I wandered down Long St and spent the morning happily pottering around in antiques shops. There are tons of antiques in Cape Town! Nautical stuff and jewelry and an abundance of cut glass liquor decanters. If I'd known, I'd have brought an empty suitcase and would now be enjoying a home bar like something in a BBC movie. I bought an old copy (1930's) of Mrs. Beaton's because I love vintage cookbooks, and also a cookbook full of recipes from the Western Cape for Seamus.
One incident that morning: Many of the shops require that you be buzzed in. A group of women were very loud about asking to be buzzed into one of the antique shops. Their accents and behavior were American and I entered the shop with them. The shopkeeper said something like, "Before I make any assumptions, I'll ask you where you are from." (Implying that he thought they were Americans, but didn't want to offend them by accusing them of being Americans when they weren't.) The ladies were Canadian and they seemed quite pleased with themselves for not being Americans.
Can I just say that I'm tired of the stereotype of Americans as the boors of the world? I know I accused myself in an earlier post of being a big, fat, stupid, electricity-hogging American, and when I tell you about my trip home, you'll see that I had reason to blush for my countrymen, but the rudest tourist I've ever seen was British, having a big, screaming tantrum in a restaurant in Rome because he didn't want pasta, he wanted fish. I was a few steps behind the group of Canadians all through the antique shops and I wouldn't say they were rude, but they were definitely obnoxious. Now, it would be outrageous to suggest that all Canadians are obnoxious, just because these ladies were, so why is it acceptable to do the same to Americans? (And it is often Americans who indulge in deriding their fellow Americans.)
Anyway, after Long St., I walked down to Greenmarket Square, an open-air market. I've had terrible luck with open air markets in the past. In Lisbon, we once walked an interminable distance to a flea market that was supposedly a local secret, only to find vendors selling beat up old landlines and scratched CDs. In Rome, Brigid and I got up early on a Sunday and walked to the much-touted porta portese flea market and found an endless street of stuff that could easily be found in any Wal-mart.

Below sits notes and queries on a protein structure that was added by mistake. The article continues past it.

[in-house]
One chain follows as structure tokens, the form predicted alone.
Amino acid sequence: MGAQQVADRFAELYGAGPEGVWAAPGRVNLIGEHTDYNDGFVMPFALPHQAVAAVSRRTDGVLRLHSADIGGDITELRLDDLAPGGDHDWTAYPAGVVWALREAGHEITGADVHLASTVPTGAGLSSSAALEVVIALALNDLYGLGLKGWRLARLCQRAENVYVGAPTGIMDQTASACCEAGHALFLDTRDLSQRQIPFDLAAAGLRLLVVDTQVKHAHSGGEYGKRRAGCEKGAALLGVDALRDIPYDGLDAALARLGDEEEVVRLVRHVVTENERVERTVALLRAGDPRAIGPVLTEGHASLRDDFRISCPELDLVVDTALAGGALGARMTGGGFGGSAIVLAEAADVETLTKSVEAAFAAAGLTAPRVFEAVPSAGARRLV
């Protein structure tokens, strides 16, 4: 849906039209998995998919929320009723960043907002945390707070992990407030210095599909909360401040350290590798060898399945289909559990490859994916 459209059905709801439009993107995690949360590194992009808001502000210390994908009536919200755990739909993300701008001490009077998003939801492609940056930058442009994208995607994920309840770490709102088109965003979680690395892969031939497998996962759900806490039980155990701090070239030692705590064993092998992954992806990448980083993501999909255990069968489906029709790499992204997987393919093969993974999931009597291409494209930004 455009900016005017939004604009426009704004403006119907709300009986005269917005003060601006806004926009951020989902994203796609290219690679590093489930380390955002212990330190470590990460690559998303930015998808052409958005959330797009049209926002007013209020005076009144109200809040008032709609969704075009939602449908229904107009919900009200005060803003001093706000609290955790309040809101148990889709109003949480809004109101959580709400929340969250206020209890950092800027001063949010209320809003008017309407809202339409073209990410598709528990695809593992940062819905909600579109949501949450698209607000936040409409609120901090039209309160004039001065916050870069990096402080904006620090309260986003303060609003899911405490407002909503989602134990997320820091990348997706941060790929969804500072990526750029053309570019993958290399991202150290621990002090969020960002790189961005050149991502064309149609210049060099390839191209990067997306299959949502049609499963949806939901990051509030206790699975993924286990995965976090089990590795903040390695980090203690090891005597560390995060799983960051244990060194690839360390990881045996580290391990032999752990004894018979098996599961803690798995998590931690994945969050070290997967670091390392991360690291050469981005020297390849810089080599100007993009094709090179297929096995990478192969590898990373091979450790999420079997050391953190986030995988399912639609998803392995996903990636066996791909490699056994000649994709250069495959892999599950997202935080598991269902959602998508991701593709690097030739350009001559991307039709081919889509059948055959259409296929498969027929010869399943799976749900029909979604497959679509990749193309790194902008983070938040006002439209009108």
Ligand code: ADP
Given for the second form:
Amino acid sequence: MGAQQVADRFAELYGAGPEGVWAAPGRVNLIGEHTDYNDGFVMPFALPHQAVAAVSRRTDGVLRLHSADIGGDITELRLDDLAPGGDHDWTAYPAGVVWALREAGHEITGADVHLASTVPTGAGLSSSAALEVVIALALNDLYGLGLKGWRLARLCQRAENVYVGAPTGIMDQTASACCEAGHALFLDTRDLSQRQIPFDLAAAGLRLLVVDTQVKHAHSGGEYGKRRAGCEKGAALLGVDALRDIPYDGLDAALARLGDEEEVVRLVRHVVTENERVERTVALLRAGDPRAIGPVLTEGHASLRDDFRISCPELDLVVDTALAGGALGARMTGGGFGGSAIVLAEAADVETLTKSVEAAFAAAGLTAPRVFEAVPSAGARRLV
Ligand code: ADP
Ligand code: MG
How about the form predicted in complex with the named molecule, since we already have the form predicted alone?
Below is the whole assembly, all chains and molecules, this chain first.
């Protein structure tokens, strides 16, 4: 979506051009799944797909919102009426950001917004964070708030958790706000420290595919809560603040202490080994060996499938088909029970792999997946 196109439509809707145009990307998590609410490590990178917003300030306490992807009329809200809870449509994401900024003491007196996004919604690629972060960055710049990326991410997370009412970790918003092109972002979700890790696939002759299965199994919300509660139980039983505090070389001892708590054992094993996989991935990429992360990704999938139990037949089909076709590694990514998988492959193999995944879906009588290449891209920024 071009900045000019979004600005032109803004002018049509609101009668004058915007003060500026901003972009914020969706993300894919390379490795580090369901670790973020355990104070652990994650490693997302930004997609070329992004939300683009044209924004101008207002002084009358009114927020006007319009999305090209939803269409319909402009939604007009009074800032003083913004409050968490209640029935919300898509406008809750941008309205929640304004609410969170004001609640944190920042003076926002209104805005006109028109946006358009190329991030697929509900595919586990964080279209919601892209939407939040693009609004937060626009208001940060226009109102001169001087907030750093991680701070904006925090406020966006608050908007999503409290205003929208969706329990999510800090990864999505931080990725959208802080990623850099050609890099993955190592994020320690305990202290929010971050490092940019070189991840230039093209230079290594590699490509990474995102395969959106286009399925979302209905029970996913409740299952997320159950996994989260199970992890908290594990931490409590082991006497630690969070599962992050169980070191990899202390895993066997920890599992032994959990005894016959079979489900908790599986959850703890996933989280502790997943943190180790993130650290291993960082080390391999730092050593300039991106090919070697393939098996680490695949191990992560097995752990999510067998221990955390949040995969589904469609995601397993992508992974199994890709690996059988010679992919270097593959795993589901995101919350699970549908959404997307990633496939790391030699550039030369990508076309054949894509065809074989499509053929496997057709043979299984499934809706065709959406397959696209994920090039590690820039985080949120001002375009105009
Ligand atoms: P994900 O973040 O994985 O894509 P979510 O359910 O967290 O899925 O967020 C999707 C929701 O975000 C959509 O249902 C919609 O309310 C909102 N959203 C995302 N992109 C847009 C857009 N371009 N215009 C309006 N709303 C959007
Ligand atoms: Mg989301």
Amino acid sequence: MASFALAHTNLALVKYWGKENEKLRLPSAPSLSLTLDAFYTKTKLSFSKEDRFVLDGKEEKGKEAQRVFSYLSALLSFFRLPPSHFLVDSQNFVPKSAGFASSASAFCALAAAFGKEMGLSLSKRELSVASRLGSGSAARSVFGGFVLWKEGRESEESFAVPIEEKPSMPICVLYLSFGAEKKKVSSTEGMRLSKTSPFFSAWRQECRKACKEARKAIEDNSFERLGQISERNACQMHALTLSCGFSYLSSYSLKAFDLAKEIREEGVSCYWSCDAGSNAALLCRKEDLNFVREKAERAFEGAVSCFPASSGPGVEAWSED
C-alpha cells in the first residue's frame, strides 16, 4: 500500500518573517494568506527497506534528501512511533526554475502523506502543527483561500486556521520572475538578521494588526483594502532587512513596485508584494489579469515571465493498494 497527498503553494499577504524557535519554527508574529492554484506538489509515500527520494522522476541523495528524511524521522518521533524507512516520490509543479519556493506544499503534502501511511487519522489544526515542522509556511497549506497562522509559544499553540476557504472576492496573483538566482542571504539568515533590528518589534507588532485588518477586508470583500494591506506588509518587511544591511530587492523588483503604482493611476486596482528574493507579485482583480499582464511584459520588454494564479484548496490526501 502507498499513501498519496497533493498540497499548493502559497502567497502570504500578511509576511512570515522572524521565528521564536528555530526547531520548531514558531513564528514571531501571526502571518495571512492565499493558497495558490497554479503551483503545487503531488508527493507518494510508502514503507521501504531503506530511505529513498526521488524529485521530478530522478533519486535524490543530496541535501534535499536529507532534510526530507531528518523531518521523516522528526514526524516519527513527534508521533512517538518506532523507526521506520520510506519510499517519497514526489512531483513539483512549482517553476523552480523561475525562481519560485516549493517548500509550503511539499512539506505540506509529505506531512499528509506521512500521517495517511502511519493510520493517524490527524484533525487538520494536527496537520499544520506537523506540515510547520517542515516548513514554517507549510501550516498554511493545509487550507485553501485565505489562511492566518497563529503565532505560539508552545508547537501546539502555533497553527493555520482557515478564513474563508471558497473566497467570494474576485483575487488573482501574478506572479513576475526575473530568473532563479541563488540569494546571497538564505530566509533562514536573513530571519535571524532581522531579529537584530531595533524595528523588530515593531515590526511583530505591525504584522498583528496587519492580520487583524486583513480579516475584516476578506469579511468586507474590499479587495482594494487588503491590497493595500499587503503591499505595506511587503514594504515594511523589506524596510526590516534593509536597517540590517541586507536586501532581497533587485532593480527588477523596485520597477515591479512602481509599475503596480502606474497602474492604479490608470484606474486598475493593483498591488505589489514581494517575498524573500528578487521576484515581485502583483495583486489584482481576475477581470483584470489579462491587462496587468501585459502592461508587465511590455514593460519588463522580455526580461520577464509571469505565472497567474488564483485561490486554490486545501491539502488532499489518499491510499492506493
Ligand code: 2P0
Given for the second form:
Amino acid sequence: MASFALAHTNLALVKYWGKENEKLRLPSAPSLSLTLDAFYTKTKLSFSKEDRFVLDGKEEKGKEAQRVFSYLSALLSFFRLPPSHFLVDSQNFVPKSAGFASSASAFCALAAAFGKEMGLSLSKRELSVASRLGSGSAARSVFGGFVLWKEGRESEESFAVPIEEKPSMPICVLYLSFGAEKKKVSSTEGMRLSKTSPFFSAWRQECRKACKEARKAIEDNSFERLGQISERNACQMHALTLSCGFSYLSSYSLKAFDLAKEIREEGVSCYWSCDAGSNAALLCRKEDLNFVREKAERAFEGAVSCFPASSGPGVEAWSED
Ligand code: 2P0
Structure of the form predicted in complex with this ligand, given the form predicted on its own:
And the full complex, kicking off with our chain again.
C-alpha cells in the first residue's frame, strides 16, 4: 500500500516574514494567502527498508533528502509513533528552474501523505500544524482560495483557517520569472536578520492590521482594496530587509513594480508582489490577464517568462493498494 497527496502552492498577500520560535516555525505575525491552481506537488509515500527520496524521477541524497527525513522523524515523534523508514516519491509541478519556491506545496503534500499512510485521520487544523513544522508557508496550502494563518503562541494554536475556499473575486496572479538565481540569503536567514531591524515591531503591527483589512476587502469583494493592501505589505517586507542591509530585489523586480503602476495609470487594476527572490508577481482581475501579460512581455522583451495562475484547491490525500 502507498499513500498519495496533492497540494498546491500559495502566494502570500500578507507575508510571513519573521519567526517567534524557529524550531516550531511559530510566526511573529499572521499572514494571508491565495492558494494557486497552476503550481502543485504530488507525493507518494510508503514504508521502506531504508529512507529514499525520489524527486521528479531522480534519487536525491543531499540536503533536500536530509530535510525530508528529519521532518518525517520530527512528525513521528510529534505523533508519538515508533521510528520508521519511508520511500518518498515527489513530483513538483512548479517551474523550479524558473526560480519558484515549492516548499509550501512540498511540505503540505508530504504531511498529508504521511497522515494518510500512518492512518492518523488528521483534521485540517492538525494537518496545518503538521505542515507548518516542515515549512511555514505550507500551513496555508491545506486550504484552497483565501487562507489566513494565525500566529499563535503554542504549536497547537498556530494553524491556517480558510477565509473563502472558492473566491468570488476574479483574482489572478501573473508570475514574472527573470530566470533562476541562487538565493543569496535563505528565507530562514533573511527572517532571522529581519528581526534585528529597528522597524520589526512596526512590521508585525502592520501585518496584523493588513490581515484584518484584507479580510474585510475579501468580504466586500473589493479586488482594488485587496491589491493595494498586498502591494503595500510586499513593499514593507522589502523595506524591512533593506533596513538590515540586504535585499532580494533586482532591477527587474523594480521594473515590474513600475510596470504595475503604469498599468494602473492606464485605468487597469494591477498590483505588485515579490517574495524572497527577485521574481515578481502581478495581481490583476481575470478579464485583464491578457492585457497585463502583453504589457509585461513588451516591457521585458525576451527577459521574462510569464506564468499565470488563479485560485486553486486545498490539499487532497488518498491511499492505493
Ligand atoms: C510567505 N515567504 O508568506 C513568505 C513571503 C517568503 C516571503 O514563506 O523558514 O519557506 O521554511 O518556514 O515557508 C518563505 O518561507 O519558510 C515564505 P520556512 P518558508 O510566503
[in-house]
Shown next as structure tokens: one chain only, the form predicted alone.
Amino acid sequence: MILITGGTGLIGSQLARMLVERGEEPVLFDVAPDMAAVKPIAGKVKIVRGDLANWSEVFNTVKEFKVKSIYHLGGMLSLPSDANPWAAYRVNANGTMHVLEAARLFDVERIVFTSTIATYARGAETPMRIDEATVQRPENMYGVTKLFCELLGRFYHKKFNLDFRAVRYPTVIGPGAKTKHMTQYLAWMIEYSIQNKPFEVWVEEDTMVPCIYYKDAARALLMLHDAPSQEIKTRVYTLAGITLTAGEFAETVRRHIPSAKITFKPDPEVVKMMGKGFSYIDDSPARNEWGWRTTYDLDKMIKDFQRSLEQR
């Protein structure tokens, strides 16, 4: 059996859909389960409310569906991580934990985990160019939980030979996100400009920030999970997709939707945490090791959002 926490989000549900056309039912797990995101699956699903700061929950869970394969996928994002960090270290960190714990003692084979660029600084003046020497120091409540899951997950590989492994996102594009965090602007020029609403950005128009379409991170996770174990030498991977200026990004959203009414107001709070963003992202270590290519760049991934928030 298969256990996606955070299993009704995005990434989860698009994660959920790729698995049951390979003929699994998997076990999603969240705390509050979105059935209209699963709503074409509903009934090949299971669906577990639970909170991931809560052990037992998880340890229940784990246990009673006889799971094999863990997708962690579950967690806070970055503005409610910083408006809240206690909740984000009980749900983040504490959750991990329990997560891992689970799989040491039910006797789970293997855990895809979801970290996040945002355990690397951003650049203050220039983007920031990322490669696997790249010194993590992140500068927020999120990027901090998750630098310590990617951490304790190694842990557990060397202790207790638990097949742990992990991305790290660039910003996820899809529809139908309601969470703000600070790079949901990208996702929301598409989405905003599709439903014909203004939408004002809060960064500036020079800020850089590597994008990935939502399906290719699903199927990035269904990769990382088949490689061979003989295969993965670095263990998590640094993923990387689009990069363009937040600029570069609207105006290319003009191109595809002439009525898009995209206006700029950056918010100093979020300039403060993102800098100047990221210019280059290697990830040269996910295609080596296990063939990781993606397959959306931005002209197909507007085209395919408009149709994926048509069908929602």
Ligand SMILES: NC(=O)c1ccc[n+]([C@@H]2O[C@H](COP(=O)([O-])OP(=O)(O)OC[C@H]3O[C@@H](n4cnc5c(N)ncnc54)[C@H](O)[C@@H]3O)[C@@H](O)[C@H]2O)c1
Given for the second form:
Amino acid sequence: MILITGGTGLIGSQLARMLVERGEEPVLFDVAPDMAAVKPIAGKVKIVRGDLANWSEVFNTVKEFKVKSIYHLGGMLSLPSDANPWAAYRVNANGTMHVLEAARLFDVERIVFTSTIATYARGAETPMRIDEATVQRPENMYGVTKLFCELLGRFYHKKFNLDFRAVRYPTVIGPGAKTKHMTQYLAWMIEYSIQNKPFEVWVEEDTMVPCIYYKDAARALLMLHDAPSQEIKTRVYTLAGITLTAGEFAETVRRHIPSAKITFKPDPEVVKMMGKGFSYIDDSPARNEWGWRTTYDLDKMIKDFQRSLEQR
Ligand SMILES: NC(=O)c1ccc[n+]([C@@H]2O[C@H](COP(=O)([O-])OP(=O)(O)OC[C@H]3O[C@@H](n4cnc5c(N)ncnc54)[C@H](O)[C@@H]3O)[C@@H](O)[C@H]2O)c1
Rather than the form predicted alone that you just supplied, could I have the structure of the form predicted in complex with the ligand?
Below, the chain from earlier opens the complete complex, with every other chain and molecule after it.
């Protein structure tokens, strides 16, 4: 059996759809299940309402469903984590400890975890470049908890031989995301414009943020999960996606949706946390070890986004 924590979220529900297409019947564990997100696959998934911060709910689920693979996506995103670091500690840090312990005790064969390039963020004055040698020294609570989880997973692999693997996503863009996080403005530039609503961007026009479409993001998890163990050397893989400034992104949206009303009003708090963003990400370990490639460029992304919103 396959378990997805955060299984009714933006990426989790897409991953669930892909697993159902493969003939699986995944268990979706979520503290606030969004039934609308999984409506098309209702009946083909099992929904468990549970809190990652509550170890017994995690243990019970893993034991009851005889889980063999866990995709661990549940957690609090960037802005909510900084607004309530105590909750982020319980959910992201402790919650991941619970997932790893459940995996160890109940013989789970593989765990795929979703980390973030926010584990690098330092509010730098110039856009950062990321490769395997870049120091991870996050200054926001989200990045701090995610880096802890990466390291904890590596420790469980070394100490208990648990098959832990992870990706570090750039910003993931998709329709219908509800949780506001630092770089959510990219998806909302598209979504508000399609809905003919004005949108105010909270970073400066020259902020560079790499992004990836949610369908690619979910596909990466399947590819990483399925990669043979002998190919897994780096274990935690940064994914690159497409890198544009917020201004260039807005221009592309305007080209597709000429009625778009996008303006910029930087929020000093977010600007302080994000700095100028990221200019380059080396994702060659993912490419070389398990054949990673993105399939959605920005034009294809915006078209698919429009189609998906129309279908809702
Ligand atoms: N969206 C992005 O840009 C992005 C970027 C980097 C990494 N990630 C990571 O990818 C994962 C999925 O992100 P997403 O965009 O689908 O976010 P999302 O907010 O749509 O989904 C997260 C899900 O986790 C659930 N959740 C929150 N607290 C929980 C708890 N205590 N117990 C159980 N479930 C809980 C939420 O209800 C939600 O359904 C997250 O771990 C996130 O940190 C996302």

So I had low expectations for Greenmarket Square, but it turned out to be a lot of fun. The sun was shining, the market was lively, and if the same carvings and objects could be found in any of the African markets in Cape Town, they were interesting and colorful. (One souvenir you see everywhere in Cape Town is the ostrich egg. Almost every shop has a basket full. They cost about $8. I didn't buy one.)
After a stop at my little house for a potty break, I took a walk through Bo-Kaap, the neighborhood I stayed in and then walked to De Waterkant, which is adjacent to Bo-Kaap. In De Waterkant, I wandered through a number of upscale shops and more antique shops as well. When I caught myself nearly buying a burlap clothespins bag labeled PEGS, I had to take a moment and get a grip. This was at a store called Nap, which would be HUGELY popular in the US. Then I found SPAR, a fancy grocery store. (Like a small-scale Wegmans.) I love exploring grocery stores in foreign countries! They had a busy deli, but I didn't see a seating area. I'm guessing the people who were buying lunch there were carrying it back to their offices. Eventually I ate a late lunch at the Cafe Manhattan on Waterkant St.
|Corner of Wale & Rose St, about 1 block from my house|
|A street in Bo-Kaap, with Table Mountain in the distance|
Brigid and I met for dinner at an Ethiopian restaurant. We ordered a tapas combo and it comes on a giant pancake made from rice flour. There is no cutlery, but you get a basket of rice pancake, which you use to scoop up your food. (They come to your table and pour warm water over your hands before serving.) We finished with Ethiopian coffee, which is served with popcorn.